Often cited as a disadvantage by ‘armchair experts’, the smaller maximum aperture of most zooms means these problems can usually be forgotten, and take care of themselves.

February 1, 2018 Posted by | photography | , , | Leave a comment

George Square memorial lions in profile, as promised

I did promise to include these fine carvings in profile, after an attempt to capture them looking down their noses at everyone failed to come off as expected.

The loss of perspective and flattening of their full 3D glory was completely lost in the static image, even though I managed to take if from the desired location.

Looking back at the lions in that post, it actually looks better than I thought, maybe because I still had the ‘real’ view fresh in my head.

Whatever, here is that promised profile view, with the pair looking at one another (never going to happen in the real world) and can be clicked for a larger version.

Memorial Lions Profile

Memorial Lions Profile (Click for bigger)

January 23, 2018 Posted by | council, photography, World War I, World War II | , , , , , | Leave a comment

Gorbals surprise

While I don’t walk through the Gorbals frequently, I do wander there often enough to have a regular route  –  and that can be a mistake.

In this case, I always veer north towards the city and the river, so always miss some new flats built there some years back.

After all, there’s never anything interesting in new flats, is there?

In this case it seems there is, and I’ve been missing the chance to catch sight of the items seen below.

The Gatekeeper

This is a head on view of The Gatekeeper.

The Gatekeeper

The Gatekeeper

Without knowing that name to begin with, it took me a while to track down any background – I may be able to access many online records purely by lat/lon (or grid ref), but that doesn’t work for new stuff.

However, I now know this installation was created by Dan Dubovitz and Matt Baker, a group known as Heisenberg.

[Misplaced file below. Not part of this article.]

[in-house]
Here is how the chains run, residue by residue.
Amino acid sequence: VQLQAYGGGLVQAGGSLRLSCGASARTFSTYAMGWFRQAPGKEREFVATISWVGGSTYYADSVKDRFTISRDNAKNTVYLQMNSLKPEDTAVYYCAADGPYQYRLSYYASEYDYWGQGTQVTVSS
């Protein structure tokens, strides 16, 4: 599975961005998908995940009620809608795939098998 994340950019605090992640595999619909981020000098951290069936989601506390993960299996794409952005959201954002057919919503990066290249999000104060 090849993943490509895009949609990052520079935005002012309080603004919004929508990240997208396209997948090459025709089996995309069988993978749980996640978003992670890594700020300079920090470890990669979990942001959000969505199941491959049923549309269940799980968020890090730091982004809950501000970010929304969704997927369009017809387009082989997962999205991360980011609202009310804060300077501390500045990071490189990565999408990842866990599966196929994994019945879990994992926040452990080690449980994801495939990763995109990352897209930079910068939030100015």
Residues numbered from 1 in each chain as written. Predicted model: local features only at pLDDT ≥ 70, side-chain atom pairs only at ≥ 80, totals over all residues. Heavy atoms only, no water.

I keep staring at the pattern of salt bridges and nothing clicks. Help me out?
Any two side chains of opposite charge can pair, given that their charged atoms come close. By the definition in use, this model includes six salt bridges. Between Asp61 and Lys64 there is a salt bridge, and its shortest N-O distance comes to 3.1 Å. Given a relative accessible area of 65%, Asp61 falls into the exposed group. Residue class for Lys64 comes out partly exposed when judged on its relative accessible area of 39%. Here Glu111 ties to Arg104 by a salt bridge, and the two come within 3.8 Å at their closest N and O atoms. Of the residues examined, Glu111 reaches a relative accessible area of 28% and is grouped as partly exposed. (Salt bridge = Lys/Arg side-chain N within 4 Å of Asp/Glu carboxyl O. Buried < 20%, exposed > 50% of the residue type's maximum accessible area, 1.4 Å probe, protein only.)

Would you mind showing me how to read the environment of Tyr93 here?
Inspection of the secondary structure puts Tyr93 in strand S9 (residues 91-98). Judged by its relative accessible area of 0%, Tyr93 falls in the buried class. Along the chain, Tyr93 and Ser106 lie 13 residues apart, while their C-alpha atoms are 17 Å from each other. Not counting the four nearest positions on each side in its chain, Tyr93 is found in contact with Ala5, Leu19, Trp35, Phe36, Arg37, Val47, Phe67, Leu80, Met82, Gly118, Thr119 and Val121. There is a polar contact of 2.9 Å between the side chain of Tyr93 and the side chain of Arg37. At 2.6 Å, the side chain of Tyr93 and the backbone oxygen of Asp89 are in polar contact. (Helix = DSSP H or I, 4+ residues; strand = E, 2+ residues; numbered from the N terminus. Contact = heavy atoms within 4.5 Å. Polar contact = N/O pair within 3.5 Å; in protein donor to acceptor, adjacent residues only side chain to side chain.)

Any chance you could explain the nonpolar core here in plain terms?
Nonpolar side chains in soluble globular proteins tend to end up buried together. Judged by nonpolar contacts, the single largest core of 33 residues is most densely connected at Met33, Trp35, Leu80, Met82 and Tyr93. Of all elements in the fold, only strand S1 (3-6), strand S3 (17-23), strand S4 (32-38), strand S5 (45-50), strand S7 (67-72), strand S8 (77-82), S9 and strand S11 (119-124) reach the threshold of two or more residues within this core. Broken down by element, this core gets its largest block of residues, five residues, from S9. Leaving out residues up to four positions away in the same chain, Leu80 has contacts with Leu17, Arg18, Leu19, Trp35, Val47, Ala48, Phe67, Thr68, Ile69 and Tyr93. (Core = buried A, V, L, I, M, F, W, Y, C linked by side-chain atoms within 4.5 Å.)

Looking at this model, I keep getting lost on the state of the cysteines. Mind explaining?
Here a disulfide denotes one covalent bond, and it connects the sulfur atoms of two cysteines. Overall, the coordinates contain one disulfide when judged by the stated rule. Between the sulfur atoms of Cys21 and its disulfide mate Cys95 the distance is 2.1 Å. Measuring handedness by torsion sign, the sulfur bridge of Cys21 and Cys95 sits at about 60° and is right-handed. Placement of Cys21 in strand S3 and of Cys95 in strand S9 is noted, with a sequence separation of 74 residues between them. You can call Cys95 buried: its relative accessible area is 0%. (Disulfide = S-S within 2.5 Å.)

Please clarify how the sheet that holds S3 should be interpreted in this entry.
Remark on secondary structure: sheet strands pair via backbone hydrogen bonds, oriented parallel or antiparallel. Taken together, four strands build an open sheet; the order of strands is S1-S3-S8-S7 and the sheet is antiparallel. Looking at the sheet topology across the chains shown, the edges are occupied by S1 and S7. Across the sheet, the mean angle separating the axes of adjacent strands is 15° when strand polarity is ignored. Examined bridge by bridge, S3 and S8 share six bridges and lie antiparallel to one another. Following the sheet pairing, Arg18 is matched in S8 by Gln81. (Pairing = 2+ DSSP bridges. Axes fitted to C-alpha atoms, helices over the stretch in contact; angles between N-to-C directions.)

And that it was unveiled in 2002. I wouldn’t have noticed that them – being far too diverted by my own issues.

But, I should have wandered past in more recent years. Steering clear of the main roads for back streets is obviously not always a good idea.

As far as I can see, the suspended sculpture was cast in bronze, and hangs over a framed and illuminated picture. I’ve also read that there is a small crypt in the foundations below. That is said to have been filled with the ashes from a bonfire held by Heisenberg, where locals burnt things they wanted to leave behind from the old Gorbals in a kind of private ritual.

The Gatekeeper

The Gatekeeper

It has gone on to gain the title of ‘The Angel with the Bleeding Hand’.

This follows the formation of a crack in one of the figure’s hands, which has allowed rainwater to penetrate, and formed a reddish-brown trail on the surface.

As seen in context.

The Gatekeeper

The Gatekeeper

The Gatekeeper is meant to represent the Gorbals being on the cusp between demolition and reconstruction.

Accompanying are The Attendants, meant to represent “an emotional response to the diasporal flux of people through the area over the past 200 years”.

The Attendants

One of 12 ‘Attendants’, aluminium figures overseeing entrances into the flats.

Gorbals Attendant